When it comes to innovation in mobility, technology drives evolution, but infrastructure drives revolution. The American West, for example, was opened by railroads not trains. Join Autotech Council members, carmakers, T1s, and mobility VCs to examine the new, broader definition of Infrastructure and discover the changes, technologies, and startups unlocking the next revolution in mobility & transport.
Silicon Valley, California, December 13 2021/Meeting Recap/ When it comes to innovation in mobility, technology drives evolution, but infrastructure drives revolution. The American West, for example, was opened by railroads not trains. These days, we’re broadening the definition of infrastructure to include data platforms, telecom systems, and of course roadways and bridges and tunnels. Our Autotech Council meeting on infrastructure looked at this broader definition to discover the changes, technologies, and startups unlocking the next revolution in mobility & transport.
In the 20th century, American infrastructure was about roads, roads, and roads. Once a road got congested, we made it bigger, added a lane, or added another road. Roads were the path to prosperity, the smooth flow of people and goods, and the mobility infrastructure of choice. But by the end of the century, roads became the victim of their own success. Governments built roads, so people bought cars and used the roads, so the roads got crowded, so governments built more roads...until we had no more space left. Could it be that roads are not the infrastructure superstar they once were? Or, do we just need better technology or other infrastructure to have a multiplier effect on the capacity of the existing roadways. Our meeting discussed this, and provided some answers.
One of the huge challenges for the next generation of infrastructure is that most of the viable public space, in urban situations, is already built-out or dedicated to roads. This means that new infrastructure must retain backwards-compatibility with legacy mobility at least during a lengthy transition period. Thus, we’re left with using existing systems (mostly road surfaces) more intelligently. We need to adapt and transform the existing infrastructure using modern 21st Century tools - smart infrastructure.
During the networking break, the virtual meeting room enjoyed a lively discussion led by Brad Templeton as we debated the concept that software will be the key to infrastructure development, rather than physical brick and mortar and tarmac. From our mobile devices, to intelligent vehicles, and intelligent communications the online audience considered what the city of the future might look like, with single person autonomous vehicles making shared trips through streets shared with human drivers bound by their sat-navs and ADAS features? Or shared vehicles taking to the skies to reduce congestion? Along with how the physical infrastructure might be maintained and the communications infrastructure developed to support.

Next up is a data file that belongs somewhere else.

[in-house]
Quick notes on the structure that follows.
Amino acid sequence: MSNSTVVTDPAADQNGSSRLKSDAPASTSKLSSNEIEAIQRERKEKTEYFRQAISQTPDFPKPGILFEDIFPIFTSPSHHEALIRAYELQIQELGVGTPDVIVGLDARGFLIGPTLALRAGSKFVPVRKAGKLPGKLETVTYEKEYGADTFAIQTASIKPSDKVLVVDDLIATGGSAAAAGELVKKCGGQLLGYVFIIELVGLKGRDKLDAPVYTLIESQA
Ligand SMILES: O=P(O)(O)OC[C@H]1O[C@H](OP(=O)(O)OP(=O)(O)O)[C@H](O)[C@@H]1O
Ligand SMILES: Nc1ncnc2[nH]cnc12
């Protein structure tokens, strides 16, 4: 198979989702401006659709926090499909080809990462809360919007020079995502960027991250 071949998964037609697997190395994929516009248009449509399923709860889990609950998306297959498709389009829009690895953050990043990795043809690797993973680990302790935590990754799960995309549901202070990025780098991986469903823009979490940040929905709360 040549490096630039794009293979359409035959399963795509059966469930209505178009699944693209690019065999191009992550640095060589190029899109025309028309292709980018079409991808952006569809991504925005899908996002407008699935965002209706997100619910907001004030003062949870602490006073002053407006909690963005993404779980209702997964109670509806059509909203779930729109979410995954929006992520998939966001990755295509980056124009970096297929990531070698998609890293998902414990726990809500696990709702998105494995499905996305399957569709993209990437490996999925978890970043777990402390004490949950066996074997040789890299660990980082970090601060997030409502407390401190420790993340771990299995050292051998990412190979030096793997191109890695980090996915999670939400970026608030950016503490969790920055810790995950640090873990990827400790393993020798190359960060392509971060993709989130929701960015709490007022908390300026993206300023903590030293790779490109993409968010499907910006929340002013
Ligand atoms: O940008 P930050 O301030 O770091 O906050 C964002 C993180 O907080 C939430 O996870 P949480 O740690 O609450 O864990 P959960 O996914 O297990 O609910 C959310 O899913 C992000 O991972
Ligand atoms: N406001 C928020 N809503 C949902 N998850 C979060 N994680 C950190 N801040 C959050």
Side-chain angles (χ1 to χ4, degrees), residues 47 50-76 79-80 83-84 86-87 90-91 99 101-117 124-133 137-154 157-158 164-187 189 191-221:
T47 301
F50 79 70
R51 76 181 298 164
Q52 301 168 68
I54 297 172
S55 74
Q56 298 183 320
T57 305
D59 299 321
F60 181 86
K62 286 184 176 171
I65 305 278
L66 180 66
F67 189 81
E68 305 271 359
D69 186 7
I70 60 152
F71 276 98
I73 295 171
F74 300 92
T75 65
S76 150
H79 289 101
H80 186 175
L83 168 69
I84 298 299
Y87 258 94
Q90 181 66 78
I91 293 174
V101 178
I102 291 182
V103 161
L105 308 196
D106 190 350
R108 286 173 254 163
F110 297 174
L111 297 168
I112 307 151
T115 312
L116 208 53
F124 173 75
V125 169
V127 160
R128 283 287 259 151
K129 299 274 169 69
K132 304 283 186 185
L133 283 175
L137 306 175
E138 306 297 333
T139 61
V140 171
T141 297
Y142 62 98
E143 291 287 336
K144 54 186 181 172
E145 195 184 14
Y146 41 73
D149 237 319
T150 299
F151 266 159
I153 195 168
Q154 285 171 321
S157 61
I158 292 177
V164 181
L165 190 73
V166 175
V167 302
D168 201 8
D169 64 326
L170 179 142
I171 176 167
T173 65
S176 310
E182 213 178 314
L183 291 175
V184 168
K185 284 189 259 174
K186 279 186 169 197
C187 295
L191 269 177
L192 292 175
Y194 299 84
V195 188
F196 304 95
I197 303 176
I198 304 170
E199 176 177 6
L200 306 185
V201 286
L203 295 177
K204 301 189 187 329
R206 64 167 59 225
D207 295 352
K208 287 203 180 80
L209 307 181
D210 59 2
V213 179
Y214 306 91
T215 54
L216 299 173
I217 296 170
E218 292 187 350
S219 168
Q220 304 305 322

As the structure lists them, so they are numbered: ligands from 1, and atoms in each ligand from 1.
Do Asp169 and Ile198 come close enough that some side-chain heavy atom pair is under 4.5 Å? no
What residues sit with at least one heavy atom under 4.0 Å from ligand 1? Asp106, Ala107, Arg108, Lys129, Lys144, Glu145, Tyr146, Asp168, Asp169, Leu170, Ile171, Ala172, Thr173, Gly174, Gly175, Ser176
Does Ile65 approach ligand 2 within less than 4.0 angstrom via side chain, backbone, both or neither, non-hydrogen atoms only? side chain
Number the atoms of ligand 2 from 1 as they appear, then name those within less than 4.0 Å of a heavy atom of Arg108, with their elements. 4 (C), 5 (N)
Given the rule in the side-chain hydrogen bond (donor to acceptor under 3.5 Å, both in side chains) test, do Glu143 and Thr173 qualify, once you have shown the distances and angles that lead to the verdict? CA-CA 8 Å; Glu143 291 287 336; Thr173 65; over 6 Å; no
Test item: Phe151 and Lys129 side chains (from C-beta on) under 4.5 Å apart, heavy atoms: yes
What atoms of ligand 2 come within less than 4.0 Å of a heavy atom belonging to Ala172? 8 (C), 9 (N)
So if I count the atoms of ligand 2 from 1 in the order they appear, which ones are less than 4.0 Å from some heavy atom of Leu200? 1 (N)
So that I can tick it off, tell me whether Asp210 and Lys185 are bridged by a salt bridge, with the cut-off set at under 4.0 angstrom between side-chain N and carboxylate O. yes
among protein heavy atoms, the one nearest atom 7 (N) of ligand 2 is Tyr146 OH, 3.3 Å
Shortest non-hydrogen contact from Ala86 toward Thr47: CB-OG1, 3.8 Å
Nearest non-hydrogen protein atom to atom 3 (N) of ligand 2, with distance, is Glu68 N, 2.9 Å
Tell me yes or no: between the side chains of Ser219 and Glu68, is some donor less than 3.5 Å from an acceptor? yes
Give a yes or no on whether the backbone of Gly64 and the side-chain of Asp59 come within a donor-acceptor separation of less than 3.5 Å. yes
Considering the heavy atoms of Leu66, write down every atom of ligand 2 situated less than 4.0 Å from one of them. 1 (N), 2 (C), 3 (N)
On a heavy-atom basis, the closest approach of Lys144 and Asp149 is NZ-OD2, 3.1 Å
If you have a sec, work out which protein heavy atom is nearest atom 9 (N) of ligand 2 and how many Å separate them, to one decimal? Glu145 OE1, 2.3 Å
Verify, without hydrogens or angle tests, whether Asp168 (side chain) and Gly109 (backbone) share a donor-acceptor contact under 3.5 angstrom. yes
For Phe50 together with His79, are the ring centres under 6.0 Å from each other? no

Our meeting also delved into the role of telecommunications infrastructure for mobility and transport. Good connectivity, and in particular low-latency, can allow connected vehicles to “Train” up, and increase the road’s capacity AND safety. We examined the role of charging infrastructure for EVs, of the logistics of fuel or hydrogen supply, and of the new roles for former gas “filling stations.”
While much was made of hardware, data platforms were also singled out as an important infrastructure platform for better mobility. However, it was unclear who would be able to provide those standards, whether de facto, or from a Standards Body of some kind. It was pointed out that Standards Bodies work too slowly, and it’s healthier to start with a mad rush of innovation, and only standardize after the fact, after the best ideas have flourished.
Thank you to all our presenters, startups and our sponsor Wipro. Non-members can see the agenda and attendee list online, and members can download the contact information and presentation files from the member library.